#37 Coush Coush

‘Hot Boudin, cold coush coush Come on, Tigers, Push, push, push!’

-Faithful Tiger Fans

Every culture has its favorite comfort foods, and while we’ve covered most of the Cajun staples here, we haven’t talked about the most important meal of the day – breakfast. When it comes to breakfast, move aside Wheaties, because coush coush is the Cajun breakfast of champions.

Nothing hits the spot better on a cold winter morning than a warm bowl of coush-coush. A simple dish made with inexpensive ingredients, coush coush was a breakfast staple back before the days of the cereal aisle. It is prepared by pouring a mixture of cornmeal, salt, baking powder, and milk into a hot skillet greased with vegetable oil, lard, or bacon drippings. A dark crust is allowed to form before the mixture is stirred, giving coush coush its signature crunchiness. The final mixture is served like cereal with milk and sugar, or as a stand alone dish with cane sugar drizzled (or poured in my case) over it. The result is a warm satisfying meal that’s sweet and chocked full of nice crispy bites.

Unlike other Cajun staples like gumbo, jambalaya, and etoufĂ©e, coush coush is a dying tradition. The last time I recall eating it was as a young boy sleeping over at my grandmother’s house. Loaded with fat, coush coush isn’t exactly a healthy breakfast option, but that’s never hurt the popularity of boudin and cracklins. I attribute the decline of coush coush’s popularity to competition. Cajuns have the same breakfast choices that the rest of this country has, whether it’s choosing one of the many fast and convenient options from the breakfast aisle, or hitting the McDonalds drive through for coffee and an egg McMuffin. In today’s fast paced world, people just don’t have the time to spend 30 minutes cooking breakfast. That’s a shame, because coush coush is a dish that deserves its place in Cajun culture, and shouldn’t be allowed to die out.

Next time you’re about to cook a big Sunday morning breakfast, consider giving coush coush a try instead of pancakes, for old times sake.


Coush Coush (From www.wafb.com)

Prep Time: 30 Minutes
Yields:
6 Servings

Ingredients:
2 cups yellow cornmeal
1/2 cup vegetable oil
1 and 1/2 tsps salt
1 tsp baking powder
1 and 1/2 cups milk

Method:

In a 12-inch cast iron skillet, heat oil over medium-high heat. In a large mixing bowl, combine cornmeal, salt, baking powder and milk. Using a wire whisk, blend ingredients until well incorporated. When oil is hot, pour in cornmeal mixture. Do not stir. Allow a crust to form. Once formed, stir well and lower heat to simmer. Cover and cook approximately 15 minutes, stirring often. Serve with milk and sugar or with hot coffee milk as cereal.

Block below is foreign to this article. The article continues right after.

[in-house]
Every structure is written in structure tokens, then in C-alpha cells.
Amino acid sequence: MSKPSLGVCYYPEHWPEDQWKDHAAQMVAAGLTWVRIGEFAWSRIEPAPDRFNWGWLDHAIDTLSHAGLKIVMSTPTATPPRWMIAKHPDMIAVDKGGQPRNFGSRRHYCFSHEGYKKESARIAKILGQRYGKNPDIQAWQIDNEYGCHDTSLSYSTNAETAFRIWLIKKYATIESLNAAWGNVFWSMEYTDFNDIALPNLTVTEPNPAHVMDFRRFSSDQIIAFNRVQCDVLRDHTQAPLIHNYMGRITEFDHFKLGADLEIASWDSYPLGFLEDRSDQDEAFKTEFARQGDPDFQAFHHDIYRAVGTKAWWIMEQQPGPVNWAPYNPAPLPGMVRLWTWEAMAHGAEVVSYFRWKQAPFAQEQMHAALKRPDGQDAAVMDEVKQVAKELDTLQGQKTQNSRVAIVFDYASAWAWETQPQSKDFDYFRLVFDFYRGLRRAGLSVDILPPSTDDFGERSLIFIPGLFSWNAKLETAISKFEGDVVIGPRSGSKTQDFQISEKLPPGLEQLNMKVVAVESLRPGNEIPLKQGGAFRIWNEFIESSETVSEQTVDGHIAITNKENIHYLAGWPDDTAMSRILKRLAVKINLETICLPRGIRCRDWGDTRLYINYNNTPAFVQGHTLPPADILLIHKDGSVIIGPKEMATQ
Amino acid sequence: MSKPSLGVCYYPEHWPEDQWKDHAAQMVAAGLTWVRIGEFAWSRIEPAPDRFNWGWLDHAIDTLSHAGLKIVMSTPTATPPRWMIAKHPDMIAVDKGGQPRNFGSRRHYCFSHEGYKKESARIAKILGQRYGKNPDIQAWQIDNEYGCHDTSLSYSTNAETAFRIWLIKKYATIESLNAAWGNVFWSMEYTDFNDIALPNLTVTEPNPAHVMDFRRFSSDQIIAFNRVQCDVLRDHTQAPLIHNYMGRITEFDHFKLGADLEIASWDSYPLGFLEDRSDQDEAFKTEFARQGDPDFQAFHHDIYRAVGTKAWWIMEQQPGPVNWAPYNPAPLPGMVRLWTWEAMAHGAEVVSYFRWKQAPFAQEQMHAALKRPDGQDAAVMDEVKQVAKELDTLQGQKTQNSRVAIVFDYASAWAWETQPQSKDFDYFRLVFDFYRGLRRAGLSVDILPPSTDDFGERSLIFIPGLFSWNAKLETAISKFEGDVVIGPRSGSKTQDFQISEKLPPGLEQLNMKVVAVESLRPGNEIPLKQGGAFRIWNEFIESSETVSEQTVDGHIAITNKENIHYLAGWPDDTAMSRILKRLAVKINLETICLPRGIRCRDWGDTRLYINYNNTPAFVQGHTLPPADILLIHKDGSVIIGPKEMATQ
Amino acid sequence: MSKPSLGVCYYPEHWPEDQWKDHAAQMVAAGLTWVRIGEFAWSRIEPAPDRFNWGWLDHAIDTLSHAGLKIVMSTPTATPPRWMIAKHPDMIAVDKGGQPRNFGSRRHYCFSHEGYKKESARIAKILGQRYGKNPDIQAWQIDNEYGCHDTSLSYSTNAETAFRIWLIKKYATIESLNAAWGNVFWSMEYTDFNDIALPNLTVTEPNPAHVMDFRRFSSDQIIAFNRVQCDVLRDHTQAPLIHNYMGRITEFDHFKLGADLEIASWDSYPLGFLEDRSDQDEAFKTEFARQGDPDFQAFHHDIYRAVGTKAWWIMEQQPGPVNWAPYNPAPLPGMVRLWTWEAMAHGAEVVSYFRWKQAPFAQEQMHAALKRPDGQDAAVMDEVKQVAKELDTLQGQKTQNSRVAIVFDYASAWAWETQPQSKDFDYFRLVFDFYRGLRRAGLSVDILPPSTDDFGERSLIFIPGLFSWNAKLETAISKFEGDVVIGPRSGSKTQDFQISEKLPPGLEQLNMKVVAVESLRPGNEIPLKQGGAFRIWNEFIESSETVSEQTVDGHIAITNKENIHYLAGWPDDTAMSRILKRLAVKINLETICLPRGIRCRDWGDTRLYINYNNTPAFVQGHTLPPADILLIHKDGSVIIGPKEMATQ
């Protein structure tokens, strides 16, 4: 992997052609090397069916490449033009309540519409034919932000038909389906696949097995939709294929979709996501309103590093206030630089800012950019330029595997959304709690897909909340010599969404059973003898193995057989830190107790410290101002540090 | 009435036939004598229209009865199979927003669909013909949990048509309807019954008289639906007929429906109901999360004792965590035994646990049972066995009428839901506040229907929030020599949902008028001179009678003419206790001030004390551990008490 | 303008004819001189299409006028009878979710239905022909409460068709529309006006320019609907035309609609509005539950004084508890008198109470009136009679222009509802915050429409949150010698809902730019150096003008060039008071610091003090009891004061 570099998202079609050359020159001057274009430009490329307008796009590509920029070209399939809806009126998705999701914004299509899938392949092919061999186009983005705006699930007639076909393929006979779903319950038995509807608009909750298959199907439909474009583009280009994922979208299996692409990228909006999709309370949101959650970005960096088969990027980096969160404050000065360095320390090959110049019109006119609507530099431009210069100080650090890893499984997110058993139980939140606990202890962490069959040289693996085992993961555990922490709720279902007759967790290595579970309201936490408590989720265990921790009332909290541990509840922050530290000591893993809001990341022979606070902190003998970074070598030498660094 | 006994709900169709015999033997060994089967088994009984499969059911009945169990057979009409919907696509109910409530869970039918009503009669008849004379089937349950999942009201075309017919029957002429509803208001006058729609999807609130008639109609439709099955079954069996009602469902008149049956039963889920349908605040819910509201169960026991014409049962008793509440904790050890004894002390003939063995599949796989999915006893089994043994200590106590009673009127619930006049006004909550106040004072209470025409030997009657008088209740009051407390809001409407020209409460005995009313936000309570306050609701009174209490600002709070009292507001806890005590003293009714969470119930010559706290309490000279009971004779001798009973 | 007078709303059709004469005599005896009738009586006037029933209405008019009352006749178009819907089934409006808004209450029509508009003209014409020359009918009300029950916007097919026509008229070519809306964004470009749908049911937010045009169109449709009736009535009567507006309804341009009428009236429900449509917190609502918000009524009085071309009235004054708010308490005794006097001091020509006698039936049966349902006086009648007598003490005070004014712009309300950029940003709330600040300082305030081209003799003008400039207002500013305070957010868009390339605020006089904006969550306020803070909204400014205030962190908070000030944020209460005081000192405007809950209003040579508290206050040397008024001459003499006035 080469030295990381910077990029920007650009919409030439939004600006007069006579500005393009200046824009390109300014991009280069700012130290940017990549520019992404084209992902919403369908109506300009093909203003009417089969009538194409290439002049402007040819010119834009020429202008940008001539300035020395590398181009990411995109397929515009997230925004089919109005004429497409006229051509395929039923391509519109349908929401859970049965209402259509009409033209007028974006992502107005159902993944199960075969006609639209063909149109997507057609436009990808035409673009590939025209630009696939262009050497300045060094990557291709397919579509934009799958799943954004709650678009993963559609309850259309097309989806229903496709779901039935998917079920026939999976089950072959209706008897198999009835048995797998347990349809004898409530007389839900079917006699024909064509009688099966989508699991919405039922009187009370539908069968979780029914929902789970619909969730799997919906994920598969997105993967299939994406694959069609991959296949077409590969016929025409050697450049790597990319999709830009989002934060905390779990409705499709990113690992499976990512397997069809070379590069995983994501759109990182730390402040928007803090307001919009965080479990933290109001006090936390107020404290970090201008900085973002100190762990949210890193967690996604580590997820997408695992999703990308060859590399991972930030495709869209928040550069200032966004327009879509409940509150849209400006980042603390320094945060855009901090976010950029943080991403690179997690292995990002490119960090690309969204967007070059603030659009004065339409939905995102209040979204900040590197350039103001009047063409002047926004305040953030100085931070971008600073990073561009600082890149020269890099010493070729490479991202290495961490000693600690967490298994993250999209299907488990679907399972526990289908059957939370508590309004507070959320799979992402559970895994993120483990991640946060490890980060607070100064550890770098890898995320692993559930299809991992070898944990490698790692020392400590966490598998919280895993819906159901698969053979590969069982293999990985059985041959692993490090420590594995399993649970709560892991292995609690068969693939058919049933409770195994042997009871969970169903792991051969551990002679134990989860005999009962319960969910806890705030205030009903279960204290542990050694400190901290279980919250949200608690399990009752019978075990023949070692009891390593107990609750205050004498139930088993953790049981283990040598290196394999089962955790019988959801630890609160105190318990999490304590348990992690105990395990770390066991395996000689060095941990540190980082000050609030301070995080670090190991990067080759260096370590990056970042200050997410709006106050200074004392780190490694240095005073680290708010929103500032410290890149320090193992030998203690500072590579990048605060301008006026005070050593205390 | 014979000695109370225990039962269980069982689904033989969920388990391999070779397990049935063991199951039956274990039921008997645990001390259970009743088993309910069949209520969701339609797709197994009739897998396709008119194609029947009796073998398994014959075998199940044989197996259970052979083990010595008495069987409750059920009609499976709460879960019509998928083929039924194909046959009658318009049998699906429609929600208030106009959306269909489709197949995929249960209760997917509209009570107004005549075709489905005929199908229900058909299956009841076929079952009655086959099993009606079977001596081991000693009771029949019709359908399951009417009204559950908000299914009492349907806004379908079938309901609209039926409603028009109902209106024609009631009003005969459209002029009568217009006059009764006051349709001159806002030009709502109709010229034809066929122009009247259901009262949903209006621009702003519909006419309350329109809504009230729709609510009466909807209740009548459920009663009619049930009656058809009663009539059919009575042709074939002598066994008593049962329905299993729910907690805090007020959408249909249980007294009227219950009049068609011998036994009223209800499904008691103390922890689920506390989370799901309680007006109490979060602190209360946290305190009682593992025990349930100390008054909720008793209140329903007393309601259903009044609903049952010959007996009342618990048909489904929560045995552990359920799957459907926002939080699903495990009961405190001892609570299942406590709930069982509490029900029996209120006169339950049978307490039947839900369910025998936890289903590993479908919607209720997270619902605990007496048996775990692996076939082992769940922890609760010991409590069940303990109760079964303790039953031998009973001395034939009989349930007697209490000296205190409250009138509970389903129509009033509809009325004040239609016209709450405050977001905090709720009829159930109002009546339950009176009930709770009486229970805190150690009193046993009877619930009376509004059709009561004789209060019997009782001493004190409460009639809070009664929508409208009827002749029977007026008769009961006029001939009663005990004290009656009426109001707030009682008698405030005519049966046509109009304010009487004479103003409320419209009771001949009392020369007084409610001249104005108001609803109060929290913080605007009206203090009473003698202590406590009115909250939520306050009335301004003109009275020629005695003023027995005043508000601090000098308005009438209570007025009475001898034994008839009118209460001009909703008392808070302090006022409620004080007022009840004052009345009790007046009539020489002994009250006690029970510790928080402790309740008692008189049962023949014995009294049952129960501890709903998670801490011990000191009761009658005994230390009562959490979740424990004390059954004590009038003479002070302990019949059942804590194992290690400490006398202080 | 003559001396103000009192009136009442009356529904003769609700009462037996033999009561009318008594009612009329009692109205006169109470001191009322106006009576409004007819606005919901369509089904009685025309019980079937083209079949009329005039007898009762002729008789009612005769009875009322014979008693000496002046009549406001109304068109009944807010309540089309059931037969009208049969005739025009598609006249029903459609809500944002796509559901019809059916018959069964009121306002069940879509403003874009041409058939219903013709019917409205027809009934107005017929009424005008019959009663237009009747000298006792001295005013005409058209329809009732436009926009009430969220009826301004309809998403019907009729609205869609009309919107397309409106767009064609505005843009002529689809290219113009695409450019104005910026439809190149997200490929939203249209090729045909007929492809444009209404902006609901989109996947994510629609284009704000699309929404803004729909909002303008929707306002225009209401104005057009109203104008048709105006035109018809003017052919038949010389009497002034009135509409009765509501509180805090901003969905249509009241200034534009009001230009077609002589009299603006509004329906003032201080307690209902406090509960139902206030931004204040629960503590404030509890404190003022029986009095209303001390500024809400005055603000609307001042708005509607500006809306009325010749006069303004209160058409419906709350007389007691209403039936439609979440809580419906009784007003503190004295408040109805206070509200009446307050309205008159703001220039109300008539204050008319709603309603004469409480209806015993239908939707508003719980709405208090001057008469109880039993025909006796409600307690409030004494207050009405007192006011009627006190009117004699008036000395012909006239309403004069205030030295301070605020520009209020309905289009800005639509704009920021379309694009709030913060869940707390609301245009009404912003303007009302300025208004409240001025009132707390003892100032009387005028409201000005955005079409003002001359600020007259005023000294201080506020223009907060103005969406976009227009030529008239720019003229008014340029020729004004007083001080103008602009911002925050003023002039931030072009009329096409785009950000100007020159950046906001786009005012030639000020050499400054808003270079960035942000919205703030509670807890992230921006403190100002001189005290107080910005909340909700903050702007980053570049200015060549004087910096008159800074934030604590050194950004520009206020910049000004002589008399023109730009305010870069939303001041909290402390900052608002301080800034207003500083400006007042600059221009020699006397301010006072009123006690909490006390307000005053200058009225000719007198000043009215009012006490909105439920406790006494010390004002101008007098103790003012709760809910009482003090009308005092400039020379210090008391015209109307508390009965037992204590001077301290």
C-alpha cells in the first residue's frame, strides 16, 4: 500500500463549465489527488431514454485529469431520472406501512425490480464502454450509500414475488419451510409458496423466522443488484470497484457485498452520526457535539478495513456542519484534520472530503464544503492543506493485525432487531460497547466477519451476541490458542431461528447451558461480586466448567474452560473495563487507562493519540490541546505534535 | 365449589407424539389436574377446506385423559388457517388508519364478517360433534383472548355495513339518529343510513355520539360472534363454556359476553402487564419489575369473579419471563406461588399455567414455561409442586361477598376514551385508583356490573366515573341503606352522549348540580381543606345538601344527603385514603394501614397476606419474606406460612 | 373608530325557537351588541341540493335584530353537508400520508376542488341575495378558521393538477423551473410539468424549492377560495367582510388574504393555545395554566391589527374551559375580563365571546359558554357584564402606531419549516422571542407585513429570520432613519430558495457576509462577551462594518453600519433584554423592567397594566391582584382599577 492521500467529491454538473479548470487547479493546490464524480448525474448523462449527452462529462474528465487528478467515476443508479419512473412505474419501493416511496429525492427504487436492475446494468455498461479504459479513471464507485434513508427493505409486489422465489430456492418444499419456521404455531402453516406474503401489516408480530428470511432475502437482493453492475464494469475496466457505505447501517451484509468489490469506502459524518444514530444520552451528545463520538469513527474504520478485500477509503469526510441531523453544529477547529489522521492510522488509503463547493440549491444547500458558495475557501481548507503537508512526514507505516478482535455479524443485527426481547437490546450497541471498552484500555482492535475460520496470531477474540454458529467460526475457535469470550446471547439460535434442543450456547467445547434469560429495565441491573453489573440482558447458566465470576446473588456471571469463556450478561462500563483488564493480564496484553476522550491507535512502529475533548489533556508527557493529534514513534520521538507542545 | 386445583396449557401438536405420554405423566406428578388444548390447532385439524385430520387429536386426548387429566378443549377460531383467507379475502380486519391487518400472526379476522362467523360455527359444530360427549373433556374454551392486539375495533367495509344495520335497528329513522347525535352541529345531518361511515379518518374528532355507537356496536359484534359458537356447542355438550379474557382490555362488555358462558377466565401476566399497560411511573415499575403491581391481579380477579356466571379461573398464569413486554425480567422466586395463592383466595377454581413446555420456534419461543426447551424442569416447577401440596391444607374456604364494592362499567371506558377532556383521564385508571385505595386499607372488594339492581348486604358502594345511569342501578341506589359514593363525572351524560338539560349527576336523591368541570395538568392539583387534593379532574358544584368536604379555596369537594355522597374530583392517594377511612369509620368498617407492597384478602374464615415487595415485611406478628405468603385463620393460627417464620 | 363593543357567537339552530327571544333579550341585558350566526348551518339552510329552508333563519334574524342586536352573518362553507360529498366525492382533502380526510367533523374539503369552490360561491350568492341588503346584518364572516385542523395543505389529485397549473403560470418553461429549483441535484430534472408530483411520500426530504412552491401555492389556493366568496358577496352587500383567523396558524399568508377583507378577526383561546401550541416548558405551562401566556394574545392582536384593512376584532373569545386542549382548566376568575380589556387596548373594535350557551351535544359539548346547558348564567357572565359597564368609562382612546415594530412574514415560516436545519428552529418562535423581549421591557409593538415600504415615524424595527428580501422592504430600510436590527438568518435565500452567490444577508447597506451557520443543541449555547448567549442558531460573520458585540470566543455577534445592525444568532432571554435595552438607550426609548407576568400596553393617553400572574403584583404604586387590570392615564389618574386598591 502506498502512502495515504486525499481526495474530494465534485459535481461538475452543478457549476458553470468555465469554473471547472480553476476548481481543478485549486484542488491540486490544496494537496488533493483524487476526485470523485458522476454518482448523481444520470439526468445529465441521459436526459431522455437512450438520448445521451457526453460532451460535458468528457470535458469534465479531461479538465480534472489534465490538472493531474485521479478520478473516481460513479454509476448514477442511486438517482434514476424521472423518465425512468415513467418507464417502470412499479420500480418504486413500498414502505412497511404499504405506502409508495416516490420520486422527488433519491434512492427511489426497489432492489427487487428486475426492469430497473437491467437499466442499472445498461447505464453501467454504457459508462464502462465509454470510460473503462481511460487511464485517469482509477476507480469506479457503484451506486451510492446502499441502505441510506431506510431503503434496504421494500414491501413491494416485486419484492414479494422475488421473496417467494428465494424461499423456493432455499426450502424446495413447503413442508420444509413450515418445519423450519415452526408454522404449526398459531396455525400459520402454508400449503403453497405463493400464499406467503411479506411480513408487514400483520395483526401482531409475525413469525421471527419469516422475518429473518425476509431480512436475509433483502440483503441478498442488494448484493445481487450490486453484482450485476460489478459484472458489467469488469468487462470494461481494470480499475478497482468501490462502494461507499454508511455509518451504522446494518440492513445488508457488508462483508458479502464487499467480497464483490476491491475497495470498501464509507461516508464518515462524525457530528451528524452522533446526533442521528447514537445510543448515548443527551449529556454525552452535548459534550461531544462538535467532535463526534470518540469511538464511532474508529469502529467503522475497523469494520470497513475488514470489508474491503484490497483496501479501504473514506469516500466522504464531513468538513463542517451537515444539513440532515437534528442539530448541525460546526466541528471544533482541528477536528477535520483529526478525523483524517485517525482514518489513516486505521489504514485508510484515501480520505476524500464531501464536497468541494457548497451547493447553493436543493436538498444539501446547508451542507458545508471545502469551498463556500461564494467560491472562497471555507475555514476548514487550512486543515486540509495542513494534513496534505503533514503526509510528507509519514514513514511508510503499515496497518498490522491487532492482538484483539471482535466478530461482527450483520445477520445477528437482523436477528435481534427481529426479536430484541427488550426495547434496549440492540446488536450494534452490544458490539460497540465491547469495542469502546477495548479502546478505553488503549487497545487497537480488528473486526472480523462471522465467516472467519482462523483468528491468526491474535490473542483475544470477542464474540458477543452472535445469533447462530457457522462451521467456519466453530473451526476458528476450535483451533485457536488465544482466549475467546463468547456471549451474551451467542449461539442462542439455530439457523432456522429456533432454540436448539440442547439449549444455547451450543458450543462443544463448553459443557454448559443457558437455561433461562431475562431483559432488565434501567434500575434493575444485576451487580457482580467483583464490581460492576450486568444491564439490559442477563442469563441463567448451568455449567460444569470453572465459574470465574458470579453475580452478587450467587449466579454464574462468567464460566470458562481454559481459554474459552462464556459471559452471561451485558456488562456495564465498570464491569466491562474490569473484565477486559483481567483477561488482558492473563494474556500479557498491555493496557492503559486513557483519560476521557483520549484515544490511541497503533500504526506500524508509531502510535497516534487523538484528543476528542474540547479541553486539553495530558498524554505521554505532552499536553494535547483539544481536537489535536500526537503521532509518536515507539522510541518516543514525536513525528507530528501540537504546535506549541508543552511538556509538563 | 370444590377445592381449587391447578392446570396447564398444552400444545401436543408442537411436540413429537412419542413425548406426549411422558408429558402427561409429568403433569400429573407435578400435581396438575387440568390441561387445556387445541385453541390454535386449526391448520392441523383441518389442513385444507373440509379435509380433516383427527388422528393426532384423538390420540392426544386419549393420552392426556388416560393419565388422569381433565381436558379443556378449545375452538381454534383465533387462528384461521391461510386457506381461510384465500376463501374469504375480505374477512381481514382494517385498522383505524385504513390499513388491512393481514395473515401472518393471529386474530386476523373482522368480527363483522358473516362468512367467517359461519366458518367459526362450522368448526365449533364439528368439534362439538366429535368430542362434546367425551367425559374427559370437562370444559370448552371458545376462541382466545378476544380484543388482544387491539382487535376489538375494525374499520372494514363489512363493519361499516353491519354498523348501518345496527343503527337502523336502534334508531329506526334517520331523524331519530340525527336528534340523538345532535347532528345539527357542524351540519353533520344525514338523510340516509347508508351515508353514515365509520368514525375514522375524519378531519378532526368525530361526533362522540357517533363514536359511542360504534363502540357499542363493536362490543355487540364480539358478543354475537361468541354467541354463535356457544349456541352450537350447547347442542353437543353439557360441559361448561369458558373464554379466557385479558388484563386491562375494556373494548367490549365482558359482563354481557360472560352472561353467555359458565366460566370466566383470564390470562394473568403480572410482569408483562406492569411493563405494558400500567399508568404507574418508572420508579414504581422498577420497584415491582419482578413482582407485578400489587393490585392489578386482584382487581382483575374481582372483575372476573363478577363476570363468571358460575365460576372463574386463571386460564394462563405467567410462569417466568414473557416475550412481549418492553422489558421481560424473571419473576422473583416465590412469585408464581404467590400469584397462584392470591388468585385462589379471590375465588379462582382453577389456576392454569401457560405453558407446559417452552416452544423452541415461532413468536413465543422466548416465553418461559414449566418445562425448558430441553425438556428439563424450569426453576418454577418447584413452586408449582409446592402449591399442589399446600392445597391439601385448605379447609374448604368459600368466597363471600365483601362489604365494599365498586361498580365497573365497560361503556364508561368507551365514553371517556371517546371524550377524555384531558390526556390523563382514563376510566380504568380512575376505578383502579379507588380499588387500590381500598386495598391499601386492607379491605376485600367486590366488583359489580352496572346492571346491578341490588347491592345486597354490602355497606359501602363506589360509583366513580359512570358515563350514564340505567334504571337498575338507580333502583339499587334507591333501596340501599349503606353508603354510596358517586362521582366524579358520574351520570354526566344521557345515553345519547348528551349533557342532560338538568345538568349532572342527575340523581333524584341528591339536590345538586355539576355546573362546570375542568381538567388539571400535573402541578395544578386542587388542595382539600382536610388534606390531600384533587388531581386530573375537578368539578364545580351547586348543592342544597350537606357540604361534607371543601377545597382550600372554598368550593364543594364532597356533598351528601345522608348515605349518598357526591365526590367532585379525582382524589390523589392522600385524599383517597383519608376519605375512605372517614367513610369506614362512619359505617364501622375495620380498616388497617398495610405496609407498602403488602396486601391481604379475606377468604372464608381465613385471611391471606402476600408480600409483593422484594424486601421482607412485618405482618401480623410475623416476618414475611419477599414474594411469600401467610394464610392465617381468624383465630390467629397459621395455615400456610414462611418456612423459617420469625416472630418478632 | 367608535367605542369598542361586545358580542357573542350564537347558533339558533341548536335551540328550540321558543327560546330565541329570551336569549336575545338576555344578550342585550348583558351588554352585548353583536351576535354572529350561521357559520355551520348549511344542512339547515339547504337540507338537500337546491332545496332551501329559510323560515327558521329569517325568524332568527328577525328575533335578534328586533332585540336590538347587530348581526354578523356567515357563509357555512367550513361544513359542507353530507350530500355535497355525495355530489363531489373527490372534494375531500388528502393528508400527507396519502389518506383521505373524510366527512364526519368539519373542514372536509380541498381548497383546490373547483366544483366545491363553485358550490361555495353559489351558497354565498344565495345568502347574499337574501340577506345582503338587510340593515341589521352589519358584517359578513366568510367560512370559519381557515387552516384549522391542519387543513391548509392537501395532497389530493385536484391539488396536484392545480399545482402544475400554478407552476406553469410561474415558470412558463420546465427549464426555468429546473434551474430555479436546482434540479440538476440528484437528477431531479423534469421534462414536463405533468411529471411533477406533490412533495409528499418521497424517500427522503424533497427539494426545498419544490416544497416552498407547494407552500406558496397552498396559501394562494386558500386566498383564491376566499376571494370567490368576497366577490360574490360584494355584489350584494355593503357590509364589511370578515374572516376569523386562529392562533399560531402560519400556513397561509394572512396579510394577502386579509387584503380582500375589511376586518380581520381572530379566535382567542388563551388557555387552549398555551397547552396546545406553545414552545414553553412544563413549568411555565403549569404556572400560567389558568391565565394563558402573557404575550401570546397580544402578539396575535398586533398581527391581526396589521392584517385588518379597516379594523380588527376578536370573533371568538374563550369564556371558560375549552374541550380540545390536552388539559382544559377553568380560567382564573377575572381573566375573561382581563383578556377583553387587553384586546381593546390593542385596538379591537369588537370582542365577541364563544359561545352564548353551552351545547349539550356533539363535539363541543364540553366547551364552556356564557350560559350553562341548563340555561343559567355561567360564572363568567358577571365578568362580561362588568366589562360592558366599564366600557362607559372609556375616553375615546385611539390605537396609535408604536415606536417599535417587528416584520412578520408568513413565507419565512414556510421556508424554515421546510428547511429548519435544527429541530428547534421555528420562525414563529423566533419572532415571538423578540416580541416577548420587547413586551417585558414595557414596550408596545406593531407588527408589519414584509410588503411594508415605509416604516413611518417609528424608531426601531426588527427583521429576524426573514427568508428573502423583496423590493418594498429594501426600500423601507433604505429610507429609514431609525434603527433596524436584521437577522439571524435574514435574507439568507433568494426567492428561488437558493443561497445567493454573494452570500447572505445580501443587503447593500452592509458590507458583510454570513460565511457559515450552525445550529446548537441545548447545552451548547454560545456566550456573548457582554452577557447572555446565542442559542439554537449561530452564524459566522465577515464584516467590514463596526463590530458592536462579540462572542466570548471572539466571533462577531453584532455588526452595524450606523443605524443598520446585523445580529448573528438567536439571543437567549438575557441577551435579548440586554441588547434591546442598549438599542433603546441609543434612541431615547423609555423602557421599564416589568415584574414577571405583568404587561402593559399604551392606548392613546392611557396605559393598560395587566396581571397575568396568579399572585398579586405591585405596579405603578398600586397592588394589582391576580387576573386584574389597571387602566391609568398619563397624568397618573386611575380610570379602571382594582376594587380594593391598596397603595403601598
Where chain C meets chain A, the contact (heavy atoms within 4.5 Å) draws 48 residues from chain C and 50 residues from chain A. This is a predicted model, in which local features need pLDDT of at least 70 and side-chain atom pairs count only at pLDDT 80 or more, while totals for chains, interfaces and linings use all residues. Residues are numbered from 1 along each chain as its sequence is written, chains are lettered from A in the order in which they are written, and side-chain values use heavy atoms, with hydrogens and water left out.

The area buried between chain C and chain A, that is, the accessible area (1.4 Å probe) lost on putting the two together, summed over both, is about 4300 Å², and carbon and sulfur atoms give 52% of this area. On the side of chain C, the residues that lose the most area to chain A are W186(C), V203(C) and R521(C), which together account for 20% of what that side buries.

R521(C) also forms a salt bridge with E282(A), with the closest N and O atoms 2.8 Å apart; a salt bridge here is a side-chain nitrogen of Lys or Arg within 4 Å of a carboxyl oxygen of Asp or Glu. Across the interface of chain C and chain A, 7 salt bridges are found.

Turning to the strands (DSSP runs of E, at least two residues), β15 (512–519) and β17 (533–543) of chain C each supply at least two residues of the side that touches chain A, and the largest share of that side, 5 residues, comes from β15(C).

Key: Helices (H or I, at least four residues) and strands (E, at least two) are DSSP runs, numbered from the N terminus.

#32 Jambalaya

What the hell is jambalaya? This was a question posed years ago to the sixth grade version of myself by a distant pen pal, named Carlos. Since this pen pal was foisted upon me by my Kum Ba Yah singing Catholic school teacher in an idealistic attempt to expose me to the outside world, I didn’t feel a particular need to respond right away. I was much too busy playing Super Mario to write back to some stranger. Well, I might be a lot of things, but let it be known far and wide that I’m not a flake, just an overachieving procrastinator. So Carlos, if you’re out there, here’s your answer, some twenty odd years late.

Jambalaya is the ultimate in single pot Cajun cooking. A combination of rice, vegetables, stock and a mixture of meats all cooked together in a single pot (usually black iron), jambalaya is a deceptively simple meal that takes only minutes to learn, but years to master. Done right, it will bring tears to a Cajun man’s eyes, but done wrong, jambalaya a greasy mushy mess. Unlike gumbo, jambalaya is a great year round dish, whether served fireside at the camp, or at home by your mama.

The jambalaya was an attempt by New Orleanians of Spanish descent to make paella in the New World. Without ready access to saffron, tomatoes were substituted, and the resulting dish bore a red hue instead of the trademark yellow of paella. This new dish was dubbed jambalaya, from the Provencal word “jambalaia,” meaning a mish-mash or mixup. Eventually, the jambalaya made its way to Cajun country, lost those damn tomatoes, and became the more tasty brown jambalaya we know and love today.

Every year a jambalaya cookoff is held at the Jambalaya Festival in Gonzales Louisiana, located on the far eastern outskirts of Cajun Country. Here you can sample some of the best jambalaya you’ve ever tasted. Unfortunately, the festival finished last weekend, so you’ll have to wait a whole year to see what I’m talking about (damned procrastination reared its ugly head again).

If you’d like to try making your own jambalaya, here’s a good recipe I found for feeding 120 people, or as I like to call it, my immediate family. If you don’t have that many mouths to feed, you might try this recipe which won the 1978 Jambalaya World Championship title.

So Carlos, I hope this answers all your jambalaya related questions. If not, just write back, and I promise you an answer sometime in the next 20 years.

Jambalaya (On the Bayou):